Death in Jainism

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According to Jainism, Ātman (soul) is eternal and never dies. According to Tattvartha Sutra which is a compendium of Jain principles, the function of matter (pudgala) is to contribute to pleasure, suffering, life and death of living beings.[1]


Types of Deaths[edit]

According to Jain texts, there are 17 different types of death:[2]

  • Avici-marana
  • Avadhimarana
  • Atyantika-marana
  • Vasaharta-marana
  • Valana-marana
  • Antahsalya-marana
  • Tadhava-marana
  • Bala-marana or Akama marana
  • Pandita-marana or Sakama marana
  • Balpandita-marana
  • Chadmastha-marana
  • Kevali-marana
  • Vaihayasa-marana
  • Guddhapristha-marana
  • Bhaktapratyakhyana-marana
  • Inginta-marana
  • Padopagamana-marana

Akama Marana & Sakama Marana[edit]

Out of all 17 types of Marana, two are considered important:[3]

Akama Marana which refers to someone who has attachment to life and doesn't want to die but dies when his life is over. Therefore, he has died helplessly and not on his own accord. According to Jainism, this person is often one who is willingly or unwillingly ignorant to the concepts of rebirth, other worlds, and liberation of the soul.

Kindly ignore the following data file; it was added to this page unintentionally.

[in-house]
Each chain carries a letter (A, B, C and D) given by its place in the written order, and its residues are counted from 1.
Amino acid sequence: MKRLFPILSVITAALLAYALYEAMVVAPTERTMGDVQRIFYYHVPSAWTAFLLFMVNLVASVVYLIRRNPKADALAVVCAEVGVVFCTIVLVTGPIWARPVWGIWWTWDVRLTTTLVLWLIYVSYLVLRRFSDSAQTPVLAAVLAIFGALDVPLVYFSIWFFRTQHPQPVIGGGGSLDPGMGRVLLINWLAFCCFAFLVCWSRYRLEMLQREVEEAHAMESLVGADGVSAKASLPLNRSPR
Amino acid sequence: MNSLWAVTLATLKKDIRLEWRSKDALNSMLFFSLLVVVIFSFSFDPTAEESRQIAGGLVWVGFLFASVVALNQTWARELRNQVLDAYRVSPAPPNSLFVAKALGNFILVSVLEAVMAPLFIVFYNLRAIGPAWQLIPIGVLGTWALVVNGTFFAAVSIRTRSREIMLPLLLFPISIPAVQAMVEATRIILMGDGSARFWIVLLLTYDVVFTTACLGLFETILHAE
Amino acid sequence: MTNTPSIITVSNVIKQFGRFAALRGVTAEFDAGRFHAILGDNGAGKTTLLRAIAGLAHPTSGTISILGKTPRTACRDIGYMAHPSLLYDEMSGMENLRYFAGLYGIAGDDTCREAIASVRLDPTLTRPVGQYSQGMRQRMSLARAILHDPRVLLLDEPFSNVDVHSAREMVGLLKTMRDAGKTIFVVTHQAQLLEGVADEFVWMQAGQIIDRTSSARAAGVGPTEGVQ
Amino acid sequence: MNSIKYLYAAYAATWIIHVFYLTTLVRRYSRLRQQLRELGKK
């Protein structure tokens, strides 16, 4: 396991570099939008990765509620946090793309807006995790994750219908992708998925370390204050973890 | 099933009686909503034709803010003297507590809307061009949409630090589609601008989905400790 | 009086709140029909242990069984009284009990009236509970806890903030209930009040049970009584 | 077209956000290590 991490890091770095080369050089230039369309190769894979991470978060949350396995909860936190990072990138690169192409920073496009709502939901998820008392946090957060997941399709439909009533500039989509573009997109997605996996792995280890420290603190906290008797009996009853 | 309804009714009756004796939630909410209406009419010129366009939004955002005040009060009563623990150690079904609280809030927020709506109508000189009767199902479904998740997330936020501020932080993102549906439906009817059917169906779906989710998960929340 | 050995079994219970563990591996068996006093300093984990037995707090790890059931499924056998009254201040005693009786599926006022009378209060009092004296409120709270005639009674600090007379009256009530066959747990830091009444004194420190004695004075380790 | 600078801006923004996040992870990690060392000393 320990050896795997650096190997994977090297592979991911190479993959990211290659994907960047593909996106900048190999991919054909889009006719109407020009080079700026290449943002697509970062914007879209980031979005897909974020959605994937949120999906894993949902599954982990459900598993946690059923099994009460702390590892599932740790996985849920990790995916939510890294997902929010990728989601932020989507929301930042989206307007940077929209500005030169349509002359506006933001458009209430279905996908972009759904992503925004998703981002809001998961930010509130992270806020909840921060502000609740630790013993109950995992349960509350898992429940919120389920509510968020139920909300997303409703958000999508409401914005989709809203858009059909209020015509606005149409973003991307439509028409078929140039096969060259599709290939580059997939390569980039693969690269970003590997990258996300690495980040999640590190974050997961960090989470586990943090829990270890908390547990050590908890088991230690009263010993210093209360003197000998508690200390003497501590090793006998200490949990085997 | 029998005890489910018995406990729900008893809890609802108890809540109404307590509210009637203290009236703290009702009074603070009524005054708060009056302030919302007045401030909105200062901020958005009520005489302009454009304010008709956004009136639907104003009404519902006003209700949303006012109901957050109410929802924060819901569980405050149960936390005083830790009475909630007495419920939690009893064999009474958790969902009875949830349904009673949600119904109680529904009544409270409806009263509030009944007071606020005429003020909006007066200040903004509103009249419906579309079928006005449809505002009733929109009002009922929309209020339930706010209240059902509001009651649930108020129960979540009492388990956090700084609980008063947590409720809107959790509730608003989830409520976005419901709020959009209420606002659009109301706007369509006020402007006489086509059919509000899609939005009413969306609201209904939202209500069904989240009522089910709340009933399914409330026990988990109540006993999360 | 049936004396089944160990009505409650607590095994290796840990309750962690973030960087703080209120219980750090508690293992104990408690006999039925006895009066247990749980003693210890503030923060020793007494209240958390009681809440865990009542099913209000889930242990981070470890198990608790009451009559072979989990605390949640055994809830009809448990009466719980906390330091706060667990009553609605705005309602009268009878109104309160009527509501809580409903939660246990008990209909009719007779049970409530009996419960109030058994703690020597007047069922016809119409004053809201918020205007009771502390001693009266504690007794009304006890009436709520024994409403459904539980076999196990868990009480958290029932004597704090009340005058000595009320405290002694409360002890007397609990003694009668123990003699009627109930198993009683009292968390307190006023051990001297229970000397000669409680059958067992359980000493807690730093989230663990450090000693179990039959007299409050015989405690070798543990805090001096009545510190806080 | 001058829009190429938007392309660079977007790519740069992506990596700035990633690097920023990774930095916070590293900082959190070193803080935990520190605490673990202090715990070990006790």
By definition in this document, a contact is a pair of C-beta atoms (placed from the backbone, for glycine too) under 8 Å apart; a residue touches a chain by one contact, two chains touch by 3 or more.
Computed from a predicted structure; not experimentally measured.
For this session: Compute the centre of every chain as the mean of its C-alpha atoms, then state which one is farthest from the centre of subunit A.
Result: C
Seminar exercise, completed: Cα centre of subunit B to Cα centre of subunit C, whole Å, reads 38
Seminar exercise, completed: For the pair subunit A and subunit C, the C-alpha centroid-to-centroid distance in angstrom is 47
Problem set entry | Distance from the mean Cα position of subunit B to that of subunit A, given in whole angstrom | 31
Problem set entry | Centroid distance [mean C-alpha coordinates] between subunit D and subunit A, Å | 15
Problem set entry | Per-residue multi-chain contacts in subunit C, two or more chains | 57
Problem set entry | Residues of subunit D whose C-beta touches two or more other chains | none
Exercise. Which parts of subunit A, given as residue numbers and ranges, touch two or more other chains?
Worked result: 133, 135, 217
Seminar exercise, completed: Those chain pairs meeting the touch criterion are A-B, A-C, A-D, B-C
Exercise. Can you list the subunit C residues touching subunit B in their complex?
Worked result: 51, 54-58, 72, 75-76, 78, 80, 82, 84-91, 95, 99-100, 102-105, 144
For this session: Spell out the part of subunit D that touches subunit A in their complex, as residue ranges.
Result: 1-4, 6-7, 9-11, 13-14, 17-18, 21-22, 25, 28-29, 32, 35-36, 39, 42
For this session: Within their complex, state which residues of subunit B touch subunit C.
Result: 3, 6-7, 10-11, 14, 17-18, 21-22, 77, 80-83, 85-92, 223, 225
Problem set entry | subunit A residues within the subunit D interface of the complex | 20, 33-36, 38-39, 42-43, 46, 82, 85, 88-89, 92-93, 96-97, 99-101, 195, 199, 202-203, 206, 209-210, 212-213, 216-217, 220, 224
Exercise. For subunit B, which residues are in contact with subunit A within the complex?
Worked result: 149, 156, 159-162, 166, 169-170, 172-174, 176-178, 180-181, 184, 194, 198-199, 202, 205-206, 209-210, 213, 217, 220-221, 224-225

Sakama Marana which refers to someone who is not afraid of death and who accepts it willingly and at ease. They understand that there is no way to avoid death and that it is a natural process. Sakama Marana can be further divided into 4 types. These are Samadhi marana, anasana, santharo, and sallekhana.

See also[edit]

Notes[edit]

  1. ^ Jain 2011, p. 72.
  2. ^ Bhagavati Aradhana
  3. ^ Uttaradhyayana Sutra 5:1-35.

References[edit]

Bibliography[edit]

  • Cort, John E. Jains in the World: Religious Values and Ideology in India. Oxford: Oxford University Press, 2000.
  • Laidlaw, James. Riches and Renunciation: Religion, Economy, and Society among the Jains. Oxford: Clarendon Press, 1995.
  • Shah, Natubhai. Jainism: The World of Conquerors. 2 vols. Brighton: Sussex Academic Press, 1998.